Greg Montgomery: Patience and perspective are valuable lessons

By Eric Moreno | Posted 8/23/2018

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When Greg Montgomery began his journey into the game of football, he never could have envisioned the path he would take. While he loved football, he never envisioned he would become a Pro Bowler in the NFL. While he loved the game as a kid, he never envisioned being one the best punters of his era. And, while he had family ties to the school, he never thought he would earn his way onto Michigan State University's All-Time Team.

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His success in the game can be attributed to two key factors that he learned early on while playing: patience and perspective.

“I played a lot of sports as a kid. Hockey, which was my first love, baseball, soccer, and of course football,” he said. “It was having this background in a lot of sports that helped me deal with adversity. I hurt my back in high school and couldn't play any other position and that's how I got into punting and kicking, and it worked out pretty well for me.”

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His background in soccer made Montgomery a natural on special teams. He performed exceptionally well for Red Bank Regional High School in Little Silver, New Jersey. His booming leg earned him a full scholarship to Penn State University before he ultimately transferred to his parents' alma mater of Michigan State (his father, Greg Montgomery, Sr., was quarterback for the Spartans in the 1950s).

“You know, this is part of what I learned over time, both on and off the field. Things happen, and they don't turn out how you plan them all of the time,” he said. “But, you have to learn to not take yourself too seriously and remember to smile.”

In East Lansing, Montgomery would be an integral part of the Spartans team. He would earn All-Big Ten honors three times and be named All-American twice. In the 1987-99 season, Montgomery would be a key part of the Spartan team that would go undefeated (with one tie) in the Big Ten and would ultimately go on to defeat USC in that year's Rose Bowl. During his time there, he would also go on to earn the friendship of a very important mentor.

“While I was at Michigan State, Nick Saban was the defensive coordinator for us,” Montgomery said. “He left the year I was drafted [in 1988] to take the defensive backs coaching position with the Houston Oilers. He actually called me on Draft Day and he and I have remained good friends over the years and now I help him out at kicking camps now at the University of Alabama. That's part of what makes Michigan State special. You have a camaraderie with all of these guys that lasts your whole life.”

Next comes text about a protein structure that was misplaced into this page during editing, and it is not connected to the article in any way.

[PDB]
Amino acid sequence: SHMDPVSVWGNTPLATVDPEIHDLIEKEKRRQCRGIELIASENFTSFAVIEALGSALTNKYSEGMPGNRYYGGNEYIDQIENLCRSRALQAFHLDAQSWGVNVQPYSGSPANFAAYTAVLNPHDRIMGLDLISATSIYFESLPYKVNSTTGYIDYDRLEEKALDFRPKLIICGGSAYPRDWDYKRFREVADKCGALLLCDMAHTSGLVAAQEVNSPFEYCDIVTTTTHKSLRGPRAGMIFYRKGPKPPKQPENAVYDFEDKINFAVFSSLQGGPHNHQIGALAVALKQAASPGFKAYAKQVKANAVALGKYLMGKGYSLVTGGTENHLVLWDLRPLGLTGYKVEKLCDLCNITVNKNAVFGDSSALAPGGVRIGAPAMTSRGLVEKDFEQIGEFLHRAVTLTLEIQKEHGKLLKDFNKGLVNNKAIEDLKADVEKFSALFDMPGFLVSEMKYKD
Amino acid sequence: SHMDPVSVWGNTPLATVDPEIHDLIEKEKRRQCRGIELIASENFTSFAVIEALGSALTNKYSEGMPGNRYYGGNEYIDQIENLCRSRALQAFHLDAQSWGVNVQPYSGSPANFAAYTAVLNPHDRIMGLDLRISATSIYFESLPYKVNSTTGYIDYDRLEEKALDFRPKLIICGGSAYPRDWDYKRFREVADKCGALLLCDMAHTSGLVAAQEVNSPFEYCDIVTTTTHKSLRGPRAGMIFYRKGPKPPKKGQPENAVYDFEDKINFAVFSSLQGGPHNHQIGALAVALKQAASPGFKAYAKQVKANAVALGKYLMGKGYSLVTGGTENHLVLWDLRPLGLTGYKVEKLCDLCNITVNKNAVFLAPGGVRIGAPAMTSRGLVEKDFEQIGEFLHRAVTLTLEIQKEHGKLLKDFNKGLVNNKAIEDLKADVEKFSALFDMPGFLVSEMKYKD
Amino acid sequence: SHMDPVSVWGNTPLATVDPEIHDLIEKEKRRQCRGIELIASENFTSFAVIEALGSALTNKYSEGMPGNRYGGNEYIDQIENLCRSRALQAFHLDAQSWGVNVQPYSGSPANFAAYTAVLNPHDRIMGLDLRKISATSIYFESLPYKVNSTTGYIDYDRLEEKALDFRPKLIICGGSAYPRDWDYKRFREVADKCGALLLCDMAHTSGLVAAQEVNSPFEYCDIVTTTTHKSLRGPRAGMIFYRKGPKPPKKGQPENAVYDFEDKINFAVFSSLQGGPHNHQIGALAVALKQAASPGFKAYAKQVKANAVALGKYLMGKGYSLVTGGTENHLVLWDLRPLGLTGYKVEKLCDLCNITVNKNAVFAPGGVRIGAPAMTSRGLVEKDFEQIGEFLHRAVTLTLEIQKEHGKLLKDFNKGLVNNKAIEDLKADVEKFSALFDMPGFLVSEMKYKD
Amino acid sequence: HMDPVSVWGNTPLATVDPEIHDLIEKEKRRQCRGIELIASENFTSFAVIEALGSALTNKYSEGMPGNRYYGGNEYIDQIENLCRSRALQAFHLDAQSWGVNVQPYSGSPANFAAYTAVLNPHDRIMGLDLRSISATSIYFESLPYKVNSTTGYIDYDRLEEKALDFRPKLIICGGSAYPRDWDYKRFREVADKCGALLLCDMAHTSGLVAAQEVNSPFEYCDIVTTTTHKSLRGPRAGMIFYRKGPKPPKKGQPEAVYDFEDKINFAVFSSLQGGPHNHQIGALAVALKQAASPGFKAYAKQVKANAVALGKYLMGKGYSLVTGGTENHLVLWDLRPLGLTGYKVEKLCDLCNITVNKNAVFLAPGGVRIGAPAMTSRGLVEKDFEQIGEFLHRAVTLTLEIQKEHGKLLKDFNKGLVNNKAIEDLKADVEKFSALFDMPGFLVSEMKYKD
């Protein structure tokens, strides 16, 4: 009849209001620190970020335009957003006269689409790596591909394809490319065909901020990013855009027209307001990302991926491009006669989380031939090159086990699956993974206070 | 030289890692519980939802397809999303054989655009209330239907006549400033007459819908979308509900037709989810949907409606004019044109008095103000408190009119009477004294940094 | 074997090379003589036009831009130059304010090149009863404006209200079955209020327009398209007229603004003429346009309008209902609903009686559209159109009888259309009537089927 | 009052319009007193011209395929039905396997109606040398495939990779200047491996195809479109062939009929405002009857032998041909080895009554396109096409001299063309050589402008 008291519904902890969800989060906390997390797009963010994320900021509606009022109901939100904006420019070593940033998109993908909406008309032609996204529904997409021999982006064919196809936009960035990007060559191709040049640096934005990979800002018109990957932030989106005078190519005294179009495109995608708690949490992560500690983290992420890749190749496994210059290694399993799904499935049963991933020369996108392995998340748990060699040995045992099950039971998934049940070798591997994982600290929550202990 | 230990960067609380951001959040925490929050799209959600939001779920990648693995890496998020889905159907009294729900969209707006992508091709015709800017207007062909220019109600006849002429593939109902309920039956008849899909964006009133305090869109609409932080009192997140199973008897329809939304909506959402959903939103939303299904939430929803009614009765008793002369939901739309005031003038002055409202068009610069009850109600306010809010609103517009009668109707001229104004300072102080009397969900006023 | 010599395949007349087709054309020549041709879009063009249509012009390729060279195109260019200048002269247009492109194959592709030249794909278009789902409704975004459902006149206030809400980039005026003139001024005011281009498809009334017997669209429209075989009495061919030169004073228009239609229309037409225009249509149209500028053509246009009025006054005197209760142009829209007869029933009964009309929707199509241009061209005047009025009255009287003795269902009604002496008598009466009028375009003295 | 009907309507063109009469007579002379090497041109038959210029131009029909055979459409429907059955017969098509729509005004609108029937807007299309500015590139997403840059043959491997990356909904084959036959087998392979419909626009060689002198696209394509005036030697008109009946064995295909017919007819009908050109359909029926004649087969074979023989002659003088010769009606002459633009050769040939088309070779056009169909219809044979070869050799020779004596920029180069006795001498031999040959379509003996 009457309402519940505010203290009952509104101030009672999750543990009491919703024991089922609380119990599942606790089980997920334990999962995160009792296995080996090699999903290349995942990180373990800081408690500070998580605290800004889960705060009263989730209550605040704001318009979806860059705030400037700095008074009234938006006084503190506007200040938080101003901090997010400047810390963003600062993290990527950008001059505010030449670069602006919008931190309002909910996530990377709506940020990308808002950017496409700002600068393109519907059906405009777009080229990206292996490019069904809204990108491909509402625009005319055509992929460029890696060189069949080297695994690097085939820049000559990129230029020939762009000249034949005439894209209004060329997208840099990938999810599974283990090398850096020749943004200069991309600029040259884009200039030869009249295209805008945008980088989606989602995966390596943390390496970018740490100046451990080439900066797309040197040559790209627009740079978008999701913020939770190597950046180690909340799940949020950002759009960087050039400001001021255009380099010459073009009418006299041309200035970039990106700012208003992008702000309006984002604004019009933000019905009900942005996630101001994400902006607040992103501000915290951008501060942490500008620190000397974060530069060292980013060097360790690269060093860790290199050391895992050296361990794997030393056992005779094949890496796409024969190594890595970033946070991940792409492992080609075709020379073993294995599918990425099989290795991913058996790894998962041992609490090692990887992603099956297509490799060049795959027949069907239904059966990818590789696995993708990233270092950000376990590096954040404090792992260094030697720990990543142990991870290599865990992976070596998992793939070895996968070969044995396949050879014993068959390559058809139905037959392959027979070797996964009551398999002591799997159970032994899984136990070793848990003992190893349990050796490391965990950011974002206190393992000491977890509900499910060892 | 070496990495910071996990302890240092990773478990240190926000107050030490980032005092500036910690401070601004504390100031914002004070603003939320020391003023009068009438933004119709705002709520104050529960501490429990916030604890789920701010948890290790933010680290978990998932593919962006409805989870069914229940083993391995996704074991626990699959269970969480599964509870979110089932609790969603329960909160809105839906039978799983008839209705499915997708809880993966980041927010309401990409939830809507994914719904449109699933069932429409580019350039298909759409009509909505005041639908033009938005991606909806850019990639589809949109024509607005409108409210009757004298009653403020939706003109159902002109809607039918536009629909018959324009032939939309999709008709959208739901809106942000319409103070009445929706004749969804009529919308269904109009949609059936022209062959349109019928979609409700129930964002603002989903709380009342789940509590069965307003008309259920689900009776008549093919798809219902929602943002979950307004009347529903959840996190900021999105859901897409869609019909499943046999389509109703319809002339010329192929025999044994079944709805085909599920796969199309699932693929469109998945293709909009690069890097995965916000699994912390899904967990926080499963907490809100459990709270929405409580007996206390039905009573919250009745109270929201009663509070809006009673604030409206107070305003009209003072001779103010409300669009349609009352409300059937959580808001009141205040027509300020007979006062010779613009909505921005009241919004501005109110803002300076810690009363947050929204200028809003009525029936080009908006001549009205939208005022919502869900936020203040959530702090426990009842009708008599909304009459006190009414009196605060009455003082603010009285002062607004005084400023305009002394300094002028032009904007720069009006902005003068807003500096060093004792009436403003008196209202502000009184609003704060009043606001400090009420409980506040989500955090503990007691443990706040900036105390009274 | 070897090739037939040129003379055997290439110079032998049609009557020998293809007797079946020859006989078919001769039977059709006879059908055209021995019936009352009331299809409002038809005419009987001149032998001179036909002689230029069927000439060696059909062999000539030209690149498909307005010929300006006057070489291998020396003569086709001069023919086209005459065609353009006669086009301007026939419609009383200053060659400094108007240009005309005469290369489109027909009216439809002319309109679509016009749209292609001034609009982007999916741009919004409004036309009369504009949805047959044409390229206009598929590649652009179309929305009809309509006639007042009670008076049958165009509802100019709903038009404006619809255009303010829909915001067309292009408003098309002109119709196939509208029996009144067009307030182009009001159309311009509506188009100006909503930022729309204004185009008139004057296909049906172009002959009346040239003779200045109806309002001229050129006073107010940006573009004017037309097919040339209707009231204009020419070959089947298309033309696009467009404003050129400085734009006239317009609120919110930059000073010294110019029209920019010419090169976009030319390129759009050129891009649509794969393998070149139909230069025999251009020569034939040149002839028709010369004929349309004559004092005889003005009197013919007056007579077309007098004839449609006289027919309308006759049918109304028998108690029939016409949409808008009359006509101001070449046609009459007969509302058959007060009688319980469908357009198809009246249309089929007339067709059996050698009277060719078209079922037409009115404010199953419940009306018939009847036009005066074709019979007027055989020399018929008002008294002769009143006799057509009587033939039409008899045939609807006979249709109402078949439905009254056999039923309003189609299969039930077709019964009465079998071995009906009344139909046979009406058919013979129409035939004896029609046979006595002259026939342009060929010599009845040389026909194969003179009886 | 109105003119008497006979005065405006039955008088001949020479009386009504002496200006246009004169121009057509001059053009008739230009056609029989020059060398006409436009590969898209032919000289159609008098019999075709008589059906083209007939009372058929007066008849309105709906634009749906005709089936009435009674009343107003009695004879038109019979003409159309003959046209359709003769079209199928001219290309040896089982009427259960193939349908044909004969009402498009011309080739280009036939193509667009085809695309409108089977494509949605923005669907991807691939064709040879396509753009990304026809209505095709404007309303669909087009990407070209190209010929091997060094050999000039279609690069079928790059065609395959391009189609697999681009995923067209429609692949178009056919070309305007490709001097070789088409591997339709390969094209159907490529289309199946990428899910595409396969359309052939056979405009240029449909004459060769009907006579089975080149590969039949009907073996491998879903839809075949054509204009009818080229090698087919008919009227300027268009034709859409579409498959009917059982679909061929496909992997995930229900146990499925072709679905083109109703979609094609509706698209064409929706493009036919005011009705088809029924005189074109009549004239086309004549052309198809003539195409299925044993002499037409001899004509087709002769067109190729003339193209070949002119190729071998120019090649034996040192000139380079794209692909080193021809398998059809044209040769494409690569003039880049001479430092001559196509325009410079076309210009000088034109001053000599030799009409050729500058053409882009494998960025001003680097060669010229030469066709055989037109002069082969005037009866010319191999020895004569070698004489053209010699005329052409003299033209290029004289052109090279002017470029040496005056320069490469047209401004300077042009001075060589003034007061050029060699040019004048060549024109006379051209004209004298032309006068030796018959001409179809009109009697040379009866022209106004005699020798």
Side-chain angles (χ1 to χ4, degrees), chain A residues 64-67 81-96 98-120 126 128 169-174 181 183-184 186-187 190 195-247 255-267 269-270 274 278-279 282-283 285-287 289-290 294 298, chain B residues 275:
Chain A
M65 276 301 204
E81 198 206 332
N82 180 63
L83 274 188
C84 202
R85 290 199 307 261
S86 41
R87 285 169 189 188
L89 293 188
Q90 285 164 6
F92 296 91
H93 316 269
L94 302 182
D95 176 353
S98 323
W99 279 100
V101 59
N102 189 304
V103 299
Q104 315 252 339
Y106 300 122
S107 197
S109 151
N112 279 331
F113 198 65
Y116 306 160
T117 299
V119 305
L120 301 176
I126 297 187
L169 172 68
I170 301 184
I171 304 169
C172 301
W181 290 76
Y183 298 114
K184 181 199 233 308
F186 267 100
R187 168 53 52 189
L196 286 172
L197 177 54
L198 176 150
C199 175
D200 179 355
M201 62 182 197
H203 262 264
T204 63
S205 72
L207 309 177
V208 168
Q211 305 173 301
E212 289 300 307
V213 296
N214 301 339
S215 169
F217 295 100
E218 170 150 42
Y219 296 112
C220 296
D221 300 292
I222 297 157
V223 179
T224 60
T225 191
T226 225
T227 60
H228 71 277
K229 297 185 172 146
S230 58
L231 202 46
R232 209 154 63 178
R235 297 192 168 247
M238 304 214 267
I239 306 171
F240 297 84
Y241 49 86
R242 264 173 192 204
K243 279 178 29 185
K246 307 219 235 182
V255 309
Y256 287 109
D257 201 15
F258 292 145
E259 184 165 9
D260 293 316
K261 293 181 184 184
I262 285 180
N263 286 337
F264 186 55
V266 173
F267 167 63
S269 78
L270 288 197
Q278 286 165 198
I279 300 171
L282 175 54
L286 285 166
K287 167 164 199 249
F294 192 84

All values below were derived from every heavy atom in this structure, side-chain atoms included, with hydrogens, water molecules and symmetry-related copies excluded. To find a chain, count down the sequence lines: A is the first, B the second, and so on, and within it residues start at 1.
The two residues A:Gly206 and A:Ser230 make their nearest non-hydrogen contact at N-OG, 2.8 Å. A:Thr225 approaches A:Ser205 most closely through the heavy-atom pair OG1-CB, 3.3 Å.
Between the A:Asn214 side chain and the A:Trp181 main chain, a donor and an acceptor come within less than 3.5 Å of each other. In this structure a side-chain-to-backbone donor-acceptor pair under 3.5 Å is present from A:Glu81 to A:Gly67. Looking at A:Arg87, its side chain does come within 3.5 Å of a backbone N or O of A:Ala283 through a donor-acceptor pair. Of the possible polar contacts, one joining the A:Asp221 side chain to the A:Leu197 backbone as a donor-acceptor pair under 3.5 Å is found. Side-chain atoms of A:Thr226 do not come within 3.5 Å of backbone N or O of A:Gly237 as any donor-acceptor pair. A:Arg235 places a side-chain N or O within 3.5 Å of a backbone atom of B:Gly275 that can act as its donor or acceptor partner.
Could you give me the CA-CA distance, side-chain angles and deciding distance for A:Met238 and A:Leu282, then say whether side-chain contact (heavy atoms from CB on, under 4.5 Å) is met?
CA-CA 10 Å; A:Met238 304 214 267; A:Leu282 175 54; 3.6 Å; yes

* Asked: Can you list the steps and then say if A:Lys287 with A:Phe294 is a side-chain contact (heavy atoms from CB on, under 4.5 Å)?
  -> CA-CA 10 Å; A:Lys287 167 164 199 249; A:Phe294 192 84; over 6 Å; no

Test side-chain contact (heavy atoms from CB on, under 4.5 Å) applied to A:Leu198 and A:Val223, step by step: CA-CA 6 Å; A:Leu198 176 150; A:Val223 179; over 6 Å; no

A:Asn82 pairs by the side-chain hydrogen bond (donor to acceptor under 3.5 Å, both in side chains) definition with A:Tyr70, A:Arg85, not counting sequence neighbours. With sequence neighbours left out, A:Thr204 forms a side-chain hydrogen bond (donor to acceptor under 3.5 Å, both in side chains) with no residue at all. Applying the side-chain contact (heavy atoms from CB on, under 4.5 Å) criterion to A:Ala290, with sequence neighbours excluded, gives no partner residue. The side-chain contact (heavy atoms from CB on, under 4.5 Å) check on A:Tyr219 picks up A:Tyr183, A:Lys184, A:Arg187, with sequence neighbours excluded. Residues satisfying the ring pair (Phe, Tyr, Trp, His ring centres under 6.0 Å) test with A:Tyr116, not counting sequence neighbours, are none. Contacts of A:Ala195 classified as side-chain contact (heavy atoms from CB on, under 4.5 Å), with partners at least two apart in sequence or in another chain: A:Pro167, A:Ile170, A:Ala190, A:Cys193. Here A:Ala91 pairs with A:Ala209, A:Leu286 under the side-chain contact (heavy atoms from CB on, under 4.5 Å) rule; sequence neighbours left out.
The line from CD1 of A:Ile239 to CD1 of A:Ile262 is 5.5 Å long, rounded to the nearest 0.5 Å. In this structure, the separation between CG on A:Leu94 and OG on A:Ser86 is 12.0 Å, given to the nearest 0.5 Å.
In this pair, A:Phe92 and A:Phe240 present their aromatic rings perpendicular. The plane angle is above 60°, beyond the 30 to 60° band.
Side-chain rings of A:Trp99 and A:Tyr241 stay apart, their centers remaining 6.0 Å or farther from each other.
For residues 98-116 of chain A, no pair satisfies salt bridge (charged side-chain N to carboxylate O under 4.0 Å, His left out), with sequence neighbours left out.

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The Oilers drafted Montgomery in the third round in 1988 and much was expected of him. He admittedly came into the NFL by putting a ton of pressure on himself to succeed. Often in his rookie year, the pressure would get to him and he didn't perform to the level he knew he could. However, he credits his coaches and teammates for believing in him. By the time he retired from the game in 1997, he had become one of the league's best.


“By the time my second year came around, the game had slowed down some,” he said. “The coaches had faith in me and we had a great bunch of guys in the locker room there in Houston. From 1989 to 1994, I was always in the top three in punting and had been to the Pro Bowl. It wasn't always easy to ease the pressure, but again, you have to have perspective on things.”

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Montgomery retired following the 1997 season after spending the past two years with the Baltimore Ravens. He followed several professional paths after he was done, going into real estate and contracting among others.

“I had a few rough years to be honest, making the transition to a 'regular' life out of football. But it all worked out for me,” he said. “I got into coaching and that has let me help a whole crop of players. I've gotten the chance to coach some of the best out there. Most of the time, when I watch games now it has to do with former students of mine. In fact, I had a lot of fun watching a former player of mine, Donne Jones, just win the Super Bowl with the Philadelphia Eagles.”

As with everything in Montgomery's career, he has gained serenity as he's gotten older by letting things slow down. Patience has allowed him to find a path that lets him give back and find fulfillment. He started a punting and kicking coaching clinic called ZenPunt 5.0 in 2003 and now he works for a holistic skincare company that has a philanthropic arm which delivers organic products for women going through chemotherapy.

“I'm really focused these days on having a balanced life,” he said. “I have a balanced diet, balanced sleep patterns, I work out regularly. I concentrate on ways to connect and give back to people. I think that's what life is all about, really.”